In recent years the same representation theory of G but over an algebraically closed field of characteristic p has become more and more important. But little is known yet. Again one can define analogous Hecke algebras. Their relation to the representation theory of G is still very mysterious. Moreover they are no longer of finite global dimension. In joint work with R. Ollivier we prove that over any field the algebra H(G,K), for K the (pro-p) Iwahori subgroup, is Gorenstein.

## Iwahori-Hecke algebras are Gorenstein (part I)

**N.B. Due to problems with our camera, there is some audio distortion on this file and a small portion of the video has been removed.**

This lecture is the first of a two part series (part II).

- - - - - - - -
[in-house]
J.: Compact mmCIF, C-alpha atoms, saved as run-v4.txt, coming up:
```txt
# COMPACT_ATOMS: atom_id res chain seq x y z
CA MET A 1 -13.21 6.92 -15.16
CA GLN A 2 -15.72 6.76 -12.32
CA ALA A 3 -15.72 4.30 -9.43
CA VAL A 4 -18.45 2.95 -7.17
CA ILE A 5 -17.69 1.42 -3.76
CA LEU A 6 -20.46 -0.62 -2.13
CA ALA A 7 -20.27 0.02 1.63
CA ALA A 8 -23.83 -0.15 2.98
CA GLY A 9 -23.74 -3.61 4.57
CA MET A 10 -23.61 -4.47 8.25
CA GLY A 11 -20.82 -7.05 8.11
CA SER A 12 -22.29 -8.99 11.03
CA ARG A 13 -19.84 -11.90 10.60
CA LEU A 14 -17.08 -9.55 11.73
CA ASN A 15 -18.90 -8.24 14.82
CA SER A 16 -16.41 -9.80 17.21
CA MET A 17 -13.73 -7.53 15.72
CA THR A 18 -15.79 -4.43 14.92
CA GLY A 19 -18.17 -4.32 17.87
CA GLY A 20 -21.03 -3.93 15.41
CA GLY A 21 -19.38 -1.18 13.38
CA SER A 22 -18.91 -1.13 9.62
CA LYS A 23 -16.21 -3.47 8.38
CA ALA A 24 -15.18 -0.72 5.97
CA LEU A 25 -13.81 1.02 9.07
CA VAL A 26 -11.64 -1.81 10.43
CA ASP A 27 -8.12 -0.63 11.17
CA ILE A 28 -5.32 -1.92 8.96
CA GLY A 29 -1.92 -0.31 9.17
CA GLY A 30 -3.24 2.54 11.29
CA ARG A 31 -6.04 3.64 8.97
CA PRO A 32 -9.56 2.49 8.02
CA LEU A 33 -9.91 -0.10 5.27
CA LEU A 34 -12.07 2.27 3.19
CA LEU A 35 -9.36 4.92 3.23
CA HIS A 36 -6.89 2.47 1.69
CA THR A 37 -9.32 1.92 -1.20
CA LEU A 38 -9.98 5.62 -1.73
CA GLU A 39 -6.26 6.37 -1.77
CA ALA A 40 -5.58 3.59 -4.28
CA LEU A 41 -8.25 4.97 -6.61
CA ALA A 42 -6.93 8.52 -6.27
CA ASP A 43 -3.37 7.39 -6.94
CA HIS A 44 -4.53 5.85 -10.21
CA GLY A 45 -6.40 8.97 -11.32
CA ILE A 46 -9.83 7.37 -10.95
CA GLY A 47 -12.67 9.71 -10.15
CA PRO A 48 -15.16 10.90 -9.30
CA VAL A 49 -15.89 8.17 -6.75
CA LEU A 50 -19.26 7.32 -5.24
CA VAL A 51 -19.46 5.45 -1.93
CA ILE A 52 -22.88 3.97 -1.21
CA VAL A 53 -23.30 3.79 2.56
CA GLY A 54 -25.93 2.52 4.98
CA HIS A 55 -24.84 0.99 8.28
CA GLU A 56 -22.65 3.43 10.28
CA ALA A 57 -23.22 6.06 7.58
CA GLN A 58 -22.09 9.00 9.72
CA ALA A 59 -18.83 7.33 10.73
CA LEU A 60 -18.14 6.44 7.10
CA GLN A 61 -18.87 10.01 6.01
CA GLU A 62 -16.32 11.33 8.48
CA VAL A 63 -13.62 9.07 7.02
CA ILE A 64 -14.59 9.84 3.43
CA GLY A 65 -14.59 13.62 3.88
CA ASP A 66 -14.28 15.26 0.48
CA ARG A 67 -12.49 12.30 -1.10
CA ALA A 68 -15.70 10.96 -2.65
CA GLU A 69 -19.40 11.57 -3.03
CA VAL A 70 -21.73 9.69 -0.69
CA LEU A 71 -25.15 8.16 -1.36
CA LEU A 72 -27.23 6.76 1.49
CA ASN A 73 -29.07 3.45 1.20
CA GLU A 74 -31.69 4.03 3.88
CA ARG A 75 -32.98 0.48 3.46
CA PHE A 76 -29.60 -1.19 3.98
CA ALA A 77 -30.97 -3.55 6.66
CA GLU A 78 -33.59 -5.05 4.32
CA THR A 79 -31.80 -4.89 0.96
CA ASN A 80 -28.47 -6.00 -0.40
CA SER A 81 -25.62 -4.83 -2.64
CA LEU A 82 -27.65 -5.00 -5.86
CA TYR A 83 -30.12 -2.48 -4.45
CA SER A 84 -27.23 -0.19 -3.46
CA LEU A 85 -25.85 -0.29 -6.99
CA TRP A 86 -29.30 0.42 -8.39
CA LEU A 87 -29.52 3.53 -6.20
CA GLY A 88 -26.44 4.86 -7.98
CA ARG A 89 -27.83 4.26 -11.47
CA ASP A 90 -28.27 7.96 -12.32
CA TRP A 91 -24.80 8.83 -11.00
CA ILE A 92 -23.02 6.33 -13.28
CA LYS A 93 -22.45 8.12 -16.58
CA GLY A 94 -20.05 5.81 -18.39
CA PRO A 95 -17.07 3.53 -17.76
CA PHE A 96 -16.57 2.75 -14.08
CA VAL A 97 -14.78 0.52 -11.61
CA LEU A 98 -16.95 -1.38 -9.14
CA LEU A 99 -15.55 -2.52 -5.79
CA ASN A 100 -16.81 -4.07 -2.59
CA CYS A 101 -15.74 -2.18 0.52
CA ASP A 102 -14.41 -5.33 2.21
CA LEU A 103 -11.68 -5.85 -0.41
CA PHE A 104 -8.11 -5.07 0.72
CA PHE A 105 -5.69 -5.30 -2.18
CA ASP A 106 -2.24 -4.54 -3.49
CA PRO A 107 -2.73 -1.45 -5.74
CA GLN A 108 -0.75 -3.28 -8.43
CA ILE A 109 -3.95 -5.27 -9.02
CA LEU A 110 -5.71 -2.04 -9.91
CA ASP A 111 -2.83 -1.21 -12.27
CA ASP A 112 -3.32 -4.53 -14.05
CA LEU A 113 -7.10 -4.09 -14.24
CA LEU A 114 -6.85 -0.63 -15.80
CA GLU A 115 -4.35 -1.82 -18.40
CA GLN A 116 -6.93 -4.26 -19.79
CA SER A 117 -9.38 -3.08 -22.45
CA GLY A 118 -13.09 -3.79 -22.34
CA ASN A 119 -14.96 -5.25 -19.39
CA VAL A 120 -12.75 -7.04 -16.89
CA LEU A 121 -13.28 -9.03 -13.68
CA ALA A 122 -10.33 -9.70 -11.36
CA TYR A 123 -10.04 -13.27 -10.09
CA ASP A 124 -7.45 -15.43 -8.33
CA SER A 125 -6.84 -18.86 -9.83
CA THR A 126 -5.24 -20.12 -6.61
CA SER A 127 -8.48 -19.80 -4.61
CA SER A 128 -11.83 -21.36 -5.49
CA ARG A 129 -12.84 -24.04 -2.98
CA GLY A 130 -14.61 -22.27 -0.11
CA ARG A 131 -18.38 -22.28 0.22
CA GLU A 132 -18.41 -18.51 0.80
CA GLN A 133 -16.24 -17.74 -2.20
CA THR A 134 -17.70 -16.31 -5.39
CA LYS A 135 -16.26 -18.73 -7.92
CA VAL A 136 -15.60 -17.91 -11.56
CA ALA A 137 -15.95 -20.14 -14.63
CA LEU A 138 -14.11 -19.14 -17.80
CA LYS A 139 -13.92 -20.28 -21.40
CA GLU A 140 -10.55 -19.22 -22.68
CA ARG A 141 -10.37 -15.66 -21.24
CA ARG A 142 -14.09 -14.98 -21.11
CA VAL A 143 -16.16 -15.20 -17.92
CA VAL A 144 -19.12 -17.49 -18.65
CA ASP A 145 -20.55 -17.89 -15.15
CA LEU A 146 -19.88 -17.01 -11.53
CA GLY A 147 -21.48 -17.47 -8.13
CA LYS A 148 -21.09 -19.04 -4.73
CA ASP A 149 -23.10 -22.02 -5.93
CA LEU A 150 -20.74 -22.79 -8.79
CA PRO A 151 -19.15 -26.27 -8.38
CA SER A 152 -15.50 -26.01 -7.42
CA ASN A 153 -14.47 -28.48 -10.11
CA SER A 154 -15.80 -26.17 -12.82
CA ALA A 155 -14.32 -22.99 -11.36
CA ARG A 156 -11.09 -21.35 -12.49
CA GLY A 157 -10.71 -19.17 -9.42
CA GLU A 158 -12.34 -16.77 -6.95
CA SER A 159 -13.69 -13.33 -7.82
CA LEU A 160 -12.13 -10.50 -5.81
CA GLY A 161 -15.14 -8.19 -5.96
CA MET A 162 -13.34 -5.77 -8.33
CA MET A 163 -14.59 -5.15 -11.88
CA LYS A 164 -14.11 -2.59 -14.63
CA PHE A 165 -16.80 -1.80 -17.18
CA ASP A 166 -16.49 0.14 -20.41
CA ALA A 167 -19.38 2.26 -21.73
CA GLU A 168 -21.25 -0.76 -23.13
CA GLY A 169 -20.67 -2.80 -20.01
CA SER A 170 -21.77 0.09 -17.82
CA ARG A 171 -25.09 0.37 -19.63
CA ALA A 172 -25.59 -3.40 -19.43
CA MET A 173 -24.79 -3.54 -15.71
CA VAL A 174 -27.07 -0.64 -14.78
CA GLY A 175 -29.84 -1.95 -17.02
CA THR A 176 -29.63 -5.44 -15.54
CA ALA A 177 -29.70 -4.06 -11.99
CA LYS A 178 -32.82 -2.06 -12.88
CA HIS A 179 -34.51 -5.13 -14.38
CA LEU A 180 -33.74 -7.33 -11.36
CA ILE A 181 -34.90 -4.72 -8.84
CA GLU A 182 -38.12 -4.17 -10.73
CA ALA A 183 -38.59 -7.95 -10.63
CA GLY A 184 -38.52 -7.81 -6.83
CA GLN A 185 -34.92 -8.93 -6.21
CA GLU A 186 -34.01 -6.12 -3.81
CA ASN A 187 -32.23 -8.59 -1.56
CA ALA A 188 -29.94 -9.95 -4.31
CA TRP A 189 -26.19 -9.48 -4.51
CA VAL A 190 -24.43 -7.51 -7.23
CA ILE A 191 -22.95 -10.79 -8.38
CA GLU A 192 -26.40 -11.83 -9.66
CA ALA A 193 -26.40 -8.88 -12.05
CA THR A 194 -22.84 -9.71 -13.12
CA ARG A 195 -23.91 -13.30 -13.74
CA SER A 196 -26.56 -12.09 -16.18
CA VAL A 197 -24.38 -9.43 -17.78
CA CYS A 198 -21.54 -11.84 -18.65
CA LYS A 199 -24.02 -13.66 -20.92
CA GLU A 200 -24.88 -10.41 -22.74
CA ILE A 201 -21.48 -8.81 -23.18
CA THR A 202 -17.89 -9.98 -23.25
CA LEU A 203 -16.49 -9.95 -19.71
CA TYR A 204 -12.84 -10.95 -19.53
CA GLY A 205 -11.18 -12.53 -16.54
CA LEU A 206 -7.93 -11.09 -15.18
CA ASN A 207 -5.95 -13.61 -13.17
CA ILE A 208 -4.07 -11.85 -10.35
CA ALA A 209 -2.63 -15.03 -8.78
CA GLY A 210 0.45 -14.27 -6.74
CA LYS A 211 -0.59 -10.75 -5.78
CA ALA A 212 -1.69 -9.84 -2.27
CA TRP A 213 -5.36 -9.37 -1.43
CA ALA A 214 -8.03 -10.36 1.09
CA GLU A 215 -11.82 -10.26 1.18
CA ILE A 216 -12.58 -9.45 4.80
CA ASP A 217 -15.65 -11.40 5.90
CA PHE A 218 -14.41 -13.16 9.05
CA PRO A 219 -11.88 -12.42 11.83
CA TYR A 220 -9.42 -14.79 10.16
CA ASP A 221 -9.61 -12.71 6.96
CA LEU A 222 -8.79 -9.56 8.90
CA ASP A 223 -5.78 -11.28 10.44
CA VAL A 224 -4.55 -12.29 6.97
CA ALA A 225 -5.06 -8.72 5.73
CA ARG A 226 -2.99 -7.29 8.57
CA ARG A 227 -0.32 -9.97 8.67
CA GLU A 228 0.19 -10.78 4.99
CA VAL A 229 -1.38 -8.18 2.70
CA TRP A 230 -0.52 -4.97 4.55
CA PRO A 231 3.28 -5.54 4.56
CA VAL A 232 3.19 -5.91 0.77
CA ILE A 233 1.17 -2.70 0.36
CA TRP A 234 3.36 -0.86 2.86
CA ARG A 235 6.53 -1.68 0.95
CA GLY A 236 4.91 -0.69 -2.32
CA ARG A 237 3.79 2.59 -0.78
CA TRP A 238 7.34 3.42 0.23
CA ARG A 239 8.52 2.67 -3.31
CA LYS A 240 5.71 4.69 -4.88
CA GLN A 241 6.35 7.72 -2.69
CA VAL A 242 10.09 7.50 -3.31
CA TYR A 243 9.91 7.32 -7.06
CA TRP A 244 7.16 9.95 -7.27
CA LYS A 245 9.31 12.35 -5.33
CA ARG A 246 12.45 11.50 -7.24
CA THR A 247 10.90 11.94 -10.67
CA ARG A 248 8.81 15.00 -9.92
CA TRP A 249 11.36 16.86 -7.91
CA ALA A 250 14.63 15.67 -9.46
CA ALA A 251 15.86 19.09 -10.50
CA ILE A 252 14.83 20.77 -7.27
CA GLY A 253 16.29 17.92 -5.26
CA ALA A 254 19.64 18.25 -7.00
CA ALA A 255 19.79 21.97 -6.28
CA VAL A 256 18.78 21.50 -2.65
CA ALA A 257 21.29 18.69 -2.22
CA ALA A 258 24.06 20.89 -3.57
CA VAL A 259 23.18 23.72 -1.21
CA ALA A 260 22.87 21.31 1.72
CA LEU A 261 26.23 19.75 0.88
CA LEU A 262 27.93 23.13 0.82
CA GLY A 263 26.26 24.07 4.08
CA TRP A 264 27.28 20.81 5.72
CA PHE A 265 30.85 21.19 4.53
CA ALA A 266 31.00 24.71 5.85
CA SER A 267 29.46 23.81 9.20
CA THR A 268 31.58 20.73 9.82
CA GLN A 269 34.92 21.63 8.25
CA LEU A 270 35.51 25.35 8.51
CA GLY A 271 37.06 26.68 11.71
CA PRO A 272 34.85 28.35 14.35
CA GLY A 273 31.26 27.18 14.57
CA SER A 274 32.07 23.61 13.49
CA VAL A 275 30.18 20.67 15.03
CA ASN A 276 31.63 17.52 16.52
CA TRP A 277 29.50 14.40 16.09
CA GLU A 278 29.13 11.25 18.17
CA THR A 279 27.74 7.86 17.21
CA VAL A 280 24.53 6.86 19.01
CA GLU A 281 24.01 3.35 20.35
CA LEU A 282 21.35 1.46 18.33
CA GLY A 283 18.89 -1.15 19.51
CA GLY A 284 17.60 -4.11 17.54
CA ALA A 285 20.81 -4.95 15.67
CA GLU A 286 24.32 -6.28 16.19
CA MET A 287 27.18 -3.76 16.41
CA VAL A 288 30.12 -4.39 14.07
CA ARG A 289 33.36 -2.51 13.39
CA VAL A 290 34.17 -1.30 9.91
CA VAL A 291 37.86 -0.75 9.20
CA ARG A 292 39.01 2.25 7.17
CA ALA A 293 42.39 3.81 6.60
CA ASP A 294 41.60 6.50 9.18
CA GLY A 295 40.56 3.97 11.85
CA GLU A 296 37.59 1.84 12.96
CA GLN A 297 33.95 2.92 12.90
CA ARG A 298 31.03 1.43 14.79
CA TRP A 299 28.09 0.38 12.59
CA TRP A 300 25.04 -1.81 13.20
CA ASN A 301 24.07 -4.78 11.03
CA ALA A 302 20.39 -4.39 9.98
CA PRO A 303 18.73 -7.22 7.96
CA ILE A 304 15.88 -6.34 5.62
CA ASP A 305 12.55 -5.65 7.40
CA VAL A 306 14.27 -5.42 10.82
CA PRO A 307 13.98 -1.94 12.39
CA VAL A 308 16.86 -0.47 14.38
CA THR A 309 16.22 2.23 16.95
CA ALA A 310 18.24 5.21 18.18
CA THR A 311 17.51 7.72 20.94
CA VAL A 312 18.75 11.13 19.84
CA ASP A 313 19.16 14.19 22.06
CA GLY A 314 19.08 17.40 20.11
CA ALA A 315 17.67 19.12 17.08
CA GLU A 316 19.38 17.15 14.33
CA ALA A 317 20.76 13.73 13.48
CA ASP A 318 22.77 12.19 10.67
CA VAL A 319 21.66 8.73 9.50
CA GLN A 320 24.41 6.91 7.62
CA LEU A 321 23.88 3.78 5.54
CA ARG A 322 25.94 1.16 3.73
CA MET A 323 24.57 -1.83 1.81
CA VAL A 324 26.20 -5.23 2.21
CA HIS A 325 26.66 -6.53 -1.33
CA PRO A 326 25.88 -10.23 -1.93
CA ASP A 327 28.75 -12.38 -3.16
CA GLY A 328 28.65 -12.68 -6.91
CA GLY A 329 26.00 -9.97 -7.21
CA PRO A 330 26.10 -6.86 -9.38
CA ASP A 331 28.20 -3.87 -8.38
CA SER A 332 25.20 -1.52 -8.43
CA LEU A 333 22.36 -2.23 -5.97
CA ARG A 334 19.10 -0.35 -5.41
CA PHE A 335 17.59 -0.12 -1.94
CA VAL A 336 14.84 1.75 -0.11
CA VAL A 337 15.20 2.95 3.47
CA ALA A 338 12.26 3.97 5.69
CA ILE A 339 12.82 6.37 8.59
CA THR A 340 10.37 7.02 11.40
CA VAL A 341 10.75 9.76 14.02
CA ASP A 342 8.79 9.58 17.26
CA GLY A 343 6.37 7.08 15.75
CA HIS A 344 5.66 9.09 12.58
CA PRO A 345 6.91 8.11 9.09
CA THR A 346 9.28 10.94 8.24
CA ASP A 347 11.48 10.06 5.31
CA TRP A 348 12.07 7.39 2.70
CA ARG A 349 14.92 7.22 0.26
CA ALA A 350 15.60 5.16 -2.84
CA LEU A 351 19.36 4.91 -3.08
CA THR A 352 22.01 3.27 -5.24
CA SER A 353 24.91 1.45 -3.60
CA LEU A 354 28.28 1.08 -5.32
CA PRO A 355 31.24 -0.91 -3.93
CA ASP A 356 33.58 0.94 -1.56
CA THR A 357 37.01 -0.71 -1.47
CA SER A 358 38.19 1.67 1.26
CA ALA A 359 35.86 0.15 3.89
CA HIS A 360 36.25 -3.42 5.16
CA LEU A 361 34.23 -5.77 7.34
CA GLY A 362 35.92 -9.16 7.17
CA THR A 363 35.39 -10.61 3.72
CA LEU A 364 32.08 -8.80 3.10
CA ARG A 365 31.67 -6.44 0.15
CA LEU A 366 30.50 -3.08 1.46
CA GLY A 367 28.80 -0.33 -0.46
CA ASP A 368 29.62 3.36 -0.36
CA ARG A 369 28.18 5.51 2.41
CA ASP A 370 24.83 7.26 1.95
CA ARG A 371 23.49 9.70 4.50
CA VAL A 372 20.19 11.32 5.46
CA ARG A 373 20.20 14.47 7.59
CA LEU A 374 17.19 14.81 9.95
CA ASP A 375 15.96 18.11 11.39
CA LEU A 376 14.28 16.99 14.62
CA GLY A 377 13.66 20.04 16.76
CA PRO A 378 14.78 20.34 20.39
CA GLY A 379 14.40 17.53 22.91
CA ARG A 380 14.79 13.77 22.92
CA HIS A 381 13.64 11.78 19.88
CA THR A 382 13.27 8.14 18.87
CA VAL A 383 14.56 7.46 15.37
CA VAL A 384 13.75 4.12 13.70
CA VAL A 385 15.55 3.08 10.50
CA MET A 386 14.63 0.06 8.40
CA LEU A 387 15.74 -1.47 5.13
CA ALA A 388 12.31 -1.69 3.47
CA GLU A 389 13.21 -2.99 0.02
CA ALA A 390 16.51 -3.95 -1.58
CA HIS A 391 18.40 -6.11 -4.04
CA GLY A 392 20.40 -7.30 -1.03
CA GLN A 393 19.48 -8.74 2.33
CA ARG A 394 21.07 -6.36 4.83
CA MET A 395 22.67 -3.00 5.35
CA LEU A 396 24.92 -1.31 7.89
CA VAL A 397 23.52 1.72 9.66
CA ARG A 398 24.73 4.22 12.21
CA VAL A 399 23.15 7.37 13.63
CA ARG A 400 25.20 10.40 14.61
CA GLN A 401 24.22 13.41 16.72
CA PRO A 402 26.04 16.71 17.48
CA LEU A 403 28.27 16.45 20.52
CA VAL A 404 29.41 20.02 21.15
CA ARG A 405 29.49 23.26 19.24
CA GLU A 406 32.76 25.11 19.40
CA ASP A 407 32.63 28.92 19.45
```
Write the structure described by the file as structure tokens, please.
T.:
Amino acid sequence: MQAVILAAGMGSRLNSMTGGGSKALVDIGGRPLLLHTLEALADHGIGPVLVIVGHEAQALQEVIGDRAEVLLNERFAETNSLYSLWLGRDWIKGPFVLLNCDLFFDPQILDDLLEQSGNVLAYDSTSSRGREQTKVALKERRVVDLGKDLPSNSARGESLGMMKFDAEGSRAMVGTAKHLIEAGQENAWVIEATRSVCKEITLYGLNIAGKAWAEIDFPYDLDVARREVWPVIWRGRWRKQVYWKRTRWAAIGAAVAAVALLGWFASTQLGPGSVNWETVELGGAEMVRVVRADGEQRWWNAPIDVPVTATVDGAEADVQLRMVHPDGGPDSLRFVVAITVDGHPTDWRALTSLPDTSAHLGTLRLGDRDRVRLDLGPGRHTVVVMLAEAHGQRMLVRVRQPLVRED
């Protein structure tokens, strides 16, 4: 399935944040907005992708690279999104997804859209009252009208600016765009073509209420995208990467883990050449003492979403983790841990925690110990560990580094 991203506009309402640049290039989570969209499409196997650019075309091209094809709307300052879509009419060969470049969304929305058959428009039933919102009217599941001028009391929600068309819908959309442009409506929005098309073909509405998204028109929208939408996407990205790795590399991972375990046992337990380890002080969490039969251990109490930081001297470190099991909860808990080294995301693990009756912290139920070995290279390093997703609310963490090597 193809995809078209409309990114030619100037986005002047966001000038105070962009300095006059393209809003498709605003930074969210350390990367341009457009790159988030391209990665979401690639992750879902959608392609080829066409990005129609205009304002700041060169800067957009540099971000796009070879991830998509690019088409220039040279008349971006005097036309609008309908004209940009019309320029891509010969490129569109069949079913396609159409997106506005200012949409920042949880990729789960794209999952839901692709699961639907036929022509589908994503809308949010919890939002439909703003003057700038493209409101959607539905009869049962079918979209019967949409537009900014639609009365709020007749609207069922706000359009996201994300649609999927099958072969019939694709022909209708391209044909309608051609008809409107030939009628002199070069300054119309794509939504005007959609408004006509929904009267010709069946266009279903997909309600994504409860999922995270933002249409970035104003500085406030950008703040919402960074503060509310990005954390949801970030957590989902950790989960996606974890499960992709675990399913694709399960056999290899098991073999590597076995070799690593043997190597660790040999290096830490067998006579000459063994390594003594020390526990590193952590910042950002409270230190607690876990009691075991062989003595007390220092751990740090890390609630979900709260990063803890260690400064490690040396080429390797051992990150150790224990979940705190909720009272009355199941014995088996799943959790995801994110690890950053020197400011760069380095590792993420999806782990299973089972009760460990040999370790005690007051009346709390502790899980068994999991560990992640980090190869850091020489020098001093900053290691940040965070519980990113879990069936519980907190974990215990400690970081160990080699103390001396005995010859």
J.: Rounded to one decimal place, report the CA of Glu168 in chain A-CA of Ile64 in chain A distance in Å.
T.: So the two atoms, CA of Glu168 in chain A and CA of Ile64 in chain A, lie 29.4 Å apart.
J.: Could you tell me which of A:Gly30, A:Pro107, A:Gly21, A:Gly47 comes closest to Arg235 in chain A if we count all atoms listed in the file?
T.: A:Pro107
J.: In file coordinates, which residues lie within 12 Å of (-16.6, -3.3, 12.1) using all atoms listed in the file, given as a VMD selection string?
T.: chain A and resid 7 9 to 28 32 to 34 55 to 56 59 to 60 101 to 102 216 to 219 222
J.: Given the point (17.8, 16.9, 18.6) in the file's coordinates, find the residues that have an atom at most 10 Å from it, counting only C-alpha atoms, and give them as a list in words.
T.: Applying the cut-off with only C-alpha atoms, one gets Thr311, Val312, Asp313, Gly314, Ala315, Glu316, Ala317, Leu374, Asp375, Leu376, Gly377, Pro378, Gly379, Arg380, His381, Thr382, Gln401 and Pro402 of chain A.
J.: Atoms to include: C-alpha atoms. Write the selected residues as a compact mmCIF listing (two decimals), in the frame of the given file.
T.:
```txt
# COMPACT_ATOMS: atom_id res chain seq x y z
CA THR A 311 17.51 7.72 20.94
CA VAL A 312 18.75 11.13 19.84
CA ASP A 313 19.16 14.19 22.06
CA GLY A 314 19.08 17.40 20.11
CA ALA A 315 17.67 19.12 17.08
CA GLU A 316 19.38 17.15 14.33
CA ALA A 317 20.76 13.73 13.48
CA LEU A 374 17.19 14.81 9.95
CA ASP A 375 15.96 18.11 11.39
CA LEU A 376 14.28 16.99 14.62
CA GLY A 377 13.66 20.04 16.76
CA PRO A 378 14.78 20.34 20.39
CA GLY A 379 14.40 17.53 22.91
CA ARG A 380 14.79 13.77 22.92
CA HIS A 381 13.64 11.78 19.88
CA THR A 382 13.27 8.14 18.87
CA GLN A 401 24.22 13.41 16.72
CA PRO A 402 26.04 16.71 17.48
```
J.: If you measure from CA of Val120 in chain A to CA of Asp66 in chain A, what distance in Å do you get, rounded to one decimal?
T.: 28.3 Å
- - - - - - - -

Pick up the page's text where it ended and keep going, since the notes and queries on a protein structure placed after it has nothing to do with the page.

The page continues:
In the local Langlands program the (smooth) representation theory

of p-adic reductive groups G in characteristic zero plays a key role. For any

compact open subgroup K of G there is a so called Hecke algebra H(G,K). The

representation theory of G is equivalent to the module theories over all these

algebras H(G,K). Very important examples of such subgroups K are the Iwahori

subgroup and the pro-p Iwahori subgroup. By a theorem of Bernstein the Hecke

algebras of these subgroups (and many others) have finite global dimension.

In recent years the same representation theory of G but over

an algebraically closed field of characteristic p has become more and more important. But little is known yet. Again one can define analogous Hecke algebras. Their relation to the representation theory of G is still very mysterious. Moreover